By Lobsang Wangyal
McLEOD GANJ, India, 16 May 2021
In the wake of a Tibetan constitutional crisis following the termination of the chief justice and the other two justices of the Tibetan Supreme Justice Commission, the Tibetan Parliament-in-exile has called for an extra session to try to resolve the issue.
A circular to all the members of the Parliament, shared on social media, has said that the Parliament will hold a session on the 24th of this month, after a discussion session a day earlier.
The extra session was called to try to find a way for the new Sikyong-elect to take oath of office. The absence of the Chief Justice has created a crisis as Article 25 of the Charter requires a new Sikyong to take oath from the Chief Justice.
The new parliamentarians of the 17th Parliament have to take oath from a pro tem Speaker, but the pro tem Speaker must take oath from the Chief Justice. The new members will then elect a Speaker and a Deputy Speaker.
However, the session is being convened amidst a “Corona Curfew” imposed by the state government. The Himachal Pradesh government ordered strict restrictions that prohibit gathering of more than five people due to the surge in the Coronavirus infections. The curfew imposed on 7 May has been extended till the morning of 26 May.
Should the session go ahead, it will be in violation of Article 6 of the Tibetan Charter, which says that all laws of the Central Tibetan Administration, executive orders, and its regulations must be in compliance with international law, and in particular, with the laws of the host countries.
The session will also be in contradiction of a circular issued by the Cabinet secretary ordering all CTA staff members to work from home during the curfew period.
It is also not clear if the session would be lawful considering Article 41 of the Tibetan Charter, which says, to convene an extra session of the Tibetan Parliament, the Speaker and the Deputy Speaker should jointly decide to call an extra session if and when requested by more than fifty percent of the Kashag, and the members of the Parliament. The Speaker’s post has remained vacant after Pema Jungney resigned on 8 April.
A question also arises pertaining to Article 45.5 which says: “Whenever the post of the Speaker or, the Deputy Speaker of the Tibetan Parliament, becomes vacant by resignation, removal, or death, a replacement must be elected in accordance with the rules for the purpose at the earliest.”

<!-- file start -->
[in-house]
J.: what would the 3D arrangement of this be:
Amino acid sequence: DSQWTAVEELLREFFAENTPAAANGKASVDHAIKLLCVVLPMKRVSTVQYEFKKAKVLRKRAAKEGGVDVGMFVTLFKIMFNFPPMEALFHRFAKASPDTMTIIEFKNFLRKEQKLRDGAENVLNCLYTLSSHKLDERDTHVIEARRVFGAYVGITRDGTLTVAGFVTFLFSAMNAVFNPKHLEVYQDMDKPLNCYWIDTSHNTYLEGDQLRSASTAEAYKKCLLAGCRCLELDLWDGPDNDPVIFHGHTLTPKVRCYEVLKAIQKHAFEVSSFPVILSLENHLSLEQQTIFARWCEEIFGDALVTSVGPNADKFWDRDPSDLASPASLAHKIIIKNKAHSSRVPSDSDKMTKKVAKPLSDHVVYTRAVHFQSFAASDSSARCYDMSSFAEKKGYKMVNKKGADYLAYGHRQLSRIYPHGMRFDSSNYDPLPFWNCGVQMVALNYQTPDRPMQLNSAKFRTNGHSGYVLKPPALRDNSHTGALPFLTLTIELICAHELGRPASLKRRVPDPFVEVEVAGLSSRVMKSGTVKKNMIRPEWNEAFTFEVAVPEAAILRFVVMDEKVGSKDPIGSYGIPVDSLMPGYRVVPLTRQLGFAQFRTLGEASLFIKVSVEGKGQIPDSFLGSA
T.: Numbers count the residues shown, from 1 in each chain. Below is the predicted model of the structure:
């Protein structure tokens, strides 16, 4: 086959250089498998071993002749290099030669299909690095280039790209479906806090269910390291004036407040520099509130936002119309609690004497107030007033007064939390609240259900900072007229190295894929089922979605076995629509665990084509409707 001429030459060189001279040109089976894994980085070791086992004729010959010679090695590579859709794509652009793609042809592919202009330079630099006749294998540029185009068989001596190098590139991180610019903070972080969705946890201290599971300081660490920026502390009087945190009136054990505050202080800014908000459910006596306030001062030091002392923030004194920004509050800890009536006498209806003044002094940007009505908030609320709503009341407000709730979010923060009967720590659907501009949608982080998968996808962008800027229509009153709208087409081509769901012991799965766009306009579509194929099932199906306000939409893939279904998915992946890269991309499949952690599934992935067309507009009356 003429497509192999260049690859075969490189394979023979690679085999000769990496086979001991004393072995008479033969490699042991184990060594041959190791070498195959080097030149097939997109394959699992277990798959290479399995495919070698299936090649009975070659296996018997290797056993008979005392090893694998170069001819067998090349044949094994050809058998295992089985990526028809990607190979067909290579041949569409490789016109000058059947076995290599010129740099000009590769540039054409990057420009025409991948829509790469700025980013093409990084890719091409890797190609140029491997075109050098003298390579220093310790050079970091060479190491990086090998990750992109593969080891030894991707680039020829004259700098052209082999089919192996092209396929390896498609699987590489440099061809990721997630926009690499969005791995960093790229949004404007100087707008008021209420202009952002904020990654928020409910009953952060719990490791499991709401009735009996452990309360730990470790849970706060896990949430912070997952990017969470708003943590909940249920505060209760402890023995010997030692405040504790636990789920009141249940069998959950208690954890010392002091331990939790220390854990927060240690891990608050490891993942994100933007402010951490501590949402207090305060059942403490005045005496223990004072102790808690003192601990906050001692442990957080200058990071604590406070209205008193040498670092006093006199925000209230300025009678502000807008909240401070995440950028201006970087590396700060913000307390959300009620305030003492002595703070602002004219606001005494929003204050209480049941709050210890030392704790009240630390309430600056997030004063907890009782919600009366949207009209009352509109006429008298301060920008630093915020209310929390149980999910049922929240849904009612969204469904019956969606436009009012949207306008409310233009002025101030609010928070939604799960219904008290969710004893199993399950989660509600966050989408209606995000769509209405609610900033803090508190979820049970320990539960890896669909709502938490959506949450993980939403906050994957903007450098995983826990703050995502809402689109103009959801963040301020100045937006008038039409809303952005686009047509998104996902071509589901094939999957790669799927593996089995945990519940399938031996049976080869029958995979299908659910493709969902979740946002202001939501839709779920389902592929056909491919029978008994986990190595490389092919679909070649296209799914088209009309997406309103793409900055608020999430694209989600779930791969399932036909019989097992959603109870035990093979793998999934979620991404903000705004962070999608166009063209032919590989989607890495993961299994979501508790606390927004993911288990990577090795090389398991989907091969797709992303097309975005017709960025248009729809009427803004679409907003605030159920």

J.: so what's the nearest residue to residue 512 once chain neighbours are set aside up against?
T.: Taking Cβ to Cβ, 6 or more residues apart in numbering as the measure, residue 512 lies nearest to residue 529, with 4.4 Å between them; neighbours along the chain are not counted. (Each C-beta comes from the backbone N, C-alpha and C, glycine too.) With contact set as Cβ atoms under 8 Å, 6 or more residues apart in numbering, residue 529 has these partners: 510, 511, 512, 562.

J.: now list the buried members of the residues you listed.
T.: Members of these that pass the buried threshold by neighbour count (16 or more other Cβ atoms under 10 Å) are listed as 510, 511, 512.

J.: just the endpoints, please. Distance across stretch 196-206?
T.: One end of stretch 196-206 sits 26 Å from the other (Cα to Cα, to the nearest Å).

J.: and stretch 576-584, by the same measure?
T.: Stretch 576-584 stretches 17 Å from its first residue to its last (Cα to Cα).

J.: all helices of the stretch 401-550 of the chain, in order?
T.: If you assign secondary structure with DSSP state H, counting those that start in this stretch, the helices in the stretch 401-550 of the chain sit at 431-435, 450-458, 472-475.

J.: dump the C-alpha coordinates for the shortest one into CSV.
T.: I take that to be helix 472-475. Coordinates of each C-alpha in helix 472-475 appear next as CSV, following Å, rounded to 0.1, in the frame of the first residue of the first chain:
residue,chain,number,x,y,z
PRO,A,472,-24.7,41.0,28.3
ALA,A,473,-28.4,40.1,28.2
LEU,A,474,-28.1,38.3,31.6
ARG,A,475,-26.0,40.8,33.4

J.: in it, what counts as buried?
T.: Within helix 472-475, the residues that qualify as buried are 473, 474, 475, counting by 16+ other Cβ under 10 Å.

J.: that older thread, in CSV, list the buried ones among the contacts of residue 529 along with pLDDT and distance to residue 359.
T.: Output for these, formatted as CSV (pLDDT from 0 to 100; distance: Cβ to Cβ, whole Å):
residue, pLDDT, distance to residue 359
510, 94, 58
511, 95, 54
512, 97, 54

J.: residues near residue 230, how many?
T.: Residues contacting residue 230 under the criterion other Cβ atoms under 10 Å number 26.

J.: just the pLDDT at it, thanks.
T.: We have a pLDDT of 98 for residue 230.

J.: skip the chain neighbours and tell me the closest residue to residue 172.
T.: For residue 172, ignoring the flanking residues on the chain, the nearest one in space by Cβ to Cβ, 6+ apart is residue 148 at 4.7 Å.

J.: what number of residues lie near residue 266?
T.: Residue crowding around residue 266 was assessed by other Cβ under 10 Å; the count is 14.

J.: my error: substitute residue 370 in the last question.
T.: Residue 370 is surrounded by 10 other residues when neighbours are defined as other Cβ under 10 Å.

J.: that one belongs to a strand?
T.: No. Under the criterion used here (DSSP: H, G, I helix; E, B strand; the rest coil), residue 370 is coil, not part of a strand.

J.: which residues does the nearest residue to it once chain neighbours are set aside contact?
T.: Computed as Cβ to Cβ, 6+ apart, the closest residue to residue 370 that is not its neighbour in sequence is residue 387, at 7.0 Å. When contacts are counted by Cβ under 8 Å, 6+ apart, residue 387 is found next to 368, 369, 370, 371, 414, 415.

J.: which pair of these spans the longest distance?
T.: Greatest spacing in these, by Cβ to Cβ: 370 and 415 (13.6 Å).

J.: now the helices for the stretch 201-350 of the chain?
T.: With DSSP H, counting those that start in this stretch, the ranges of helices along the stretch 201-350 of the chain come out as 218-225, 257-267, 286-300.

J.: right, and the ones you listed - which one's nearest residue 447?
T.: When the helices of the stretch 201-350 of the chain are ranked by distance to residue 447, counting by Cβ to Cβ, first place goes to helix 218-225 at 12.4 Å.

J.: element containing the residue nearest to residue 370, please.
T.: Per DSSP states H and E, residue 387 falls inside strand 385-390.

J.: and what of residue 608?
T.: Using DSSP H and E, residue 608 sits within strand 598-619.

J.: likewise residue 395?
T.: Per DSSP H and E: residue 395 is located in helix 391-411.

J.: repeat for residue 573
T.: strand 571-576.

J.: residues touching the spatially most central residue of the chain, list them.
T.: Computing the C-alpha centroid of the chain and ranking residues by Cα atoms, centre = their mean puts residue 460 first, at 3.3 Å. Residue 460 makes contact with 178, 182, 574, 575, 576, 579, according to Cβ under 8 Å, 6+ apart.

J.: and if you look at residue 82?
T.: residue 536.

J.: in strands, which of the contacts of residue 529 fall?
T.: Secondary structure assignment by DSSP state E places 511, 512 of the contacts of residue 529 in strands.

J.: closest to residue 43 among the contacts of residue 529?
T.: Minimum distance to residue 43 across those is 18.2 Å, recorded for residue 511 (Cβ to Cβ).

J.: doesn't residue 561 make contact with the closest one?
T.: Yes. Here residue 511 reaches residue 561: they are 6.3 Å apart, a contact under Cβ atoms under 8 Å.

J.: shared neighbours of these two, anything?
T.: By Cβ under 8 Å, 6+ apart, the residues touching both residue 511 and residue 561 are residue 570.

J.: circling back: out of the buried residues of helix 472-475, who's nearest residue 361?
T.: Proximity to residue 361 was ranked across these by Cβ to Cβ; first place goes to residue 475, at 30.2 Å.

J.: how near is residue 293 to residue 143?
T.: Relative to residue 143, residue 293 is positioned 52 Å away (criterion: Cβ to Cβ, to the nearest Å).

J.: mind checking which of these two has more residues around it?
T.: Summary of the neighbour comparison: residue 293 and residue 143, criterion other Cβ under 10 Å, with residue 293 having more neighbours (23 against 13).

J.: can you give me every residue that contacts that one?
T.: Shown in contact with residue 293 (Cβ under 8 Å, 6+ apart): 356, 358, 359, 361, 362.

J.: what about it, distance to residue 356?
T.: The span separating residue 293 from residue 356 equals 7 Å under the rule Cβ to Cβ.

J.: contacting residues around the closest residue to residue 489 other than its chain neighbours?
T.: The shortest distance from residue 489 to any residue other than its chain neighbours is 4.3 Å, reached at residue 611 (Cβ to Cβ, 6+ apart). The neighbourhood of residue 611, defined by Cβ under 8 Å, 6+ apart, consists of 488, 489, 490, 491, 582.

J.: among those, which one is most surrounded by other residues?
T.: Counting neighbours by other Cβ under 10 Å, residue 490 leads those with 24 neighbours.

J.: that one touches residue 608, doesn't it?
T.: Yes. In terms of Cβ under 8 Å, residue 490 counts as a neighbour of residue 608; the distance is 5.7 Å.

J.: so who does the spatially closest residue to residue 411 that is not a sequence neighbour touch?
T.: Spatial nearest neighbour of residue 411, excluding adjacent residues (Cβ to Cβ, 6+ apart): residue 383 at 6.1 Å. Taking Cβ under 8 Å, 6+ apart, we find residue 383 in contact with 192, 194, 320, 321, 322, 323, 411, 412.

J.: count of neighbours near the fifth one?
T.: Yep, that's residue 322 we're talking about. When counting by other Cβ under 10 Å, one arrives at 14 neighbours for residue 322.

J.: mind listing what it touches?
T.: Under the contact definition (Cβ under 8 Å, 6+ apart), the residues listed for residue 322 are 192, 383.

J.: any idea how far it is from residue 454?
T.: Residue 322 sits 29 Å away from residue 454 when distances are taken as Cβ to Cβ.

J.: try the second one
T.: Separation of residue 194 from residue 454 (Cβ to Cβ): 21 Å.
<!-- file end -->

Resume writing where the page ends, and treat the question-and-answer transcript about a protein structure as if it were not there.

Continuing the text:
So far all the business of the Parliament is being decided by the Deputy Speaker.
Stating as unconstitutional the decision of terminating the justices on 25 March, there has been a public call for the Parliament to withdraw and reinstate the justices. It has come to light that the Parliament has violated Article 54 of the Tibetan Charter, as it mandates forming an inquiry committee, and presenting its report to the Parliament for discussion, before an impeachment of the justices can be initiated.
Tibet Sun has learned that more than 15 MPs have signed a letter asking the Parliament to withdraw the 25 March decision expelling the justices, who were accused of interfering with the business of the House, citing Article 58. The decision to dismiss the justices was initially favoured by 31 MPs, with 10 opposing.
A quorum for the session has also become an issue, considering many of the MPs who are now accepting the unlawful dismissal of the justices, as well as the Corona Curfew in place. Due to the ban on international flights, five members: two from US, two from Europe, and one from Australia will not be able to attend.
Two members who are in Nepal are not expected to attend as well due to the lockdown in the country.
Health concerns could deter some MPs from attending the upcoming session, as people have contracted the Coronavirus after they attended meetings, such as the Tibetan Women’s Association meeting in April. Travelling long distance such as from South or northeast India could also come in the way for some MPs to attend.
Tibet Sun has learned that the session on the 24th, if it takes place at all, will propose to amend the Charter and make oath-taking before the portrait of the Dalai Lama an option in case of the absence of the Chief Justice.
And also that if the session is held, it will not be broadcast live, in order to avoid attention from possible criticism.
Penpa Tsering, the new Sikyong-elect, would be taking oath on the 26th as incumbent Sikyong Lobsang Sangay completes his second five-year term on that day.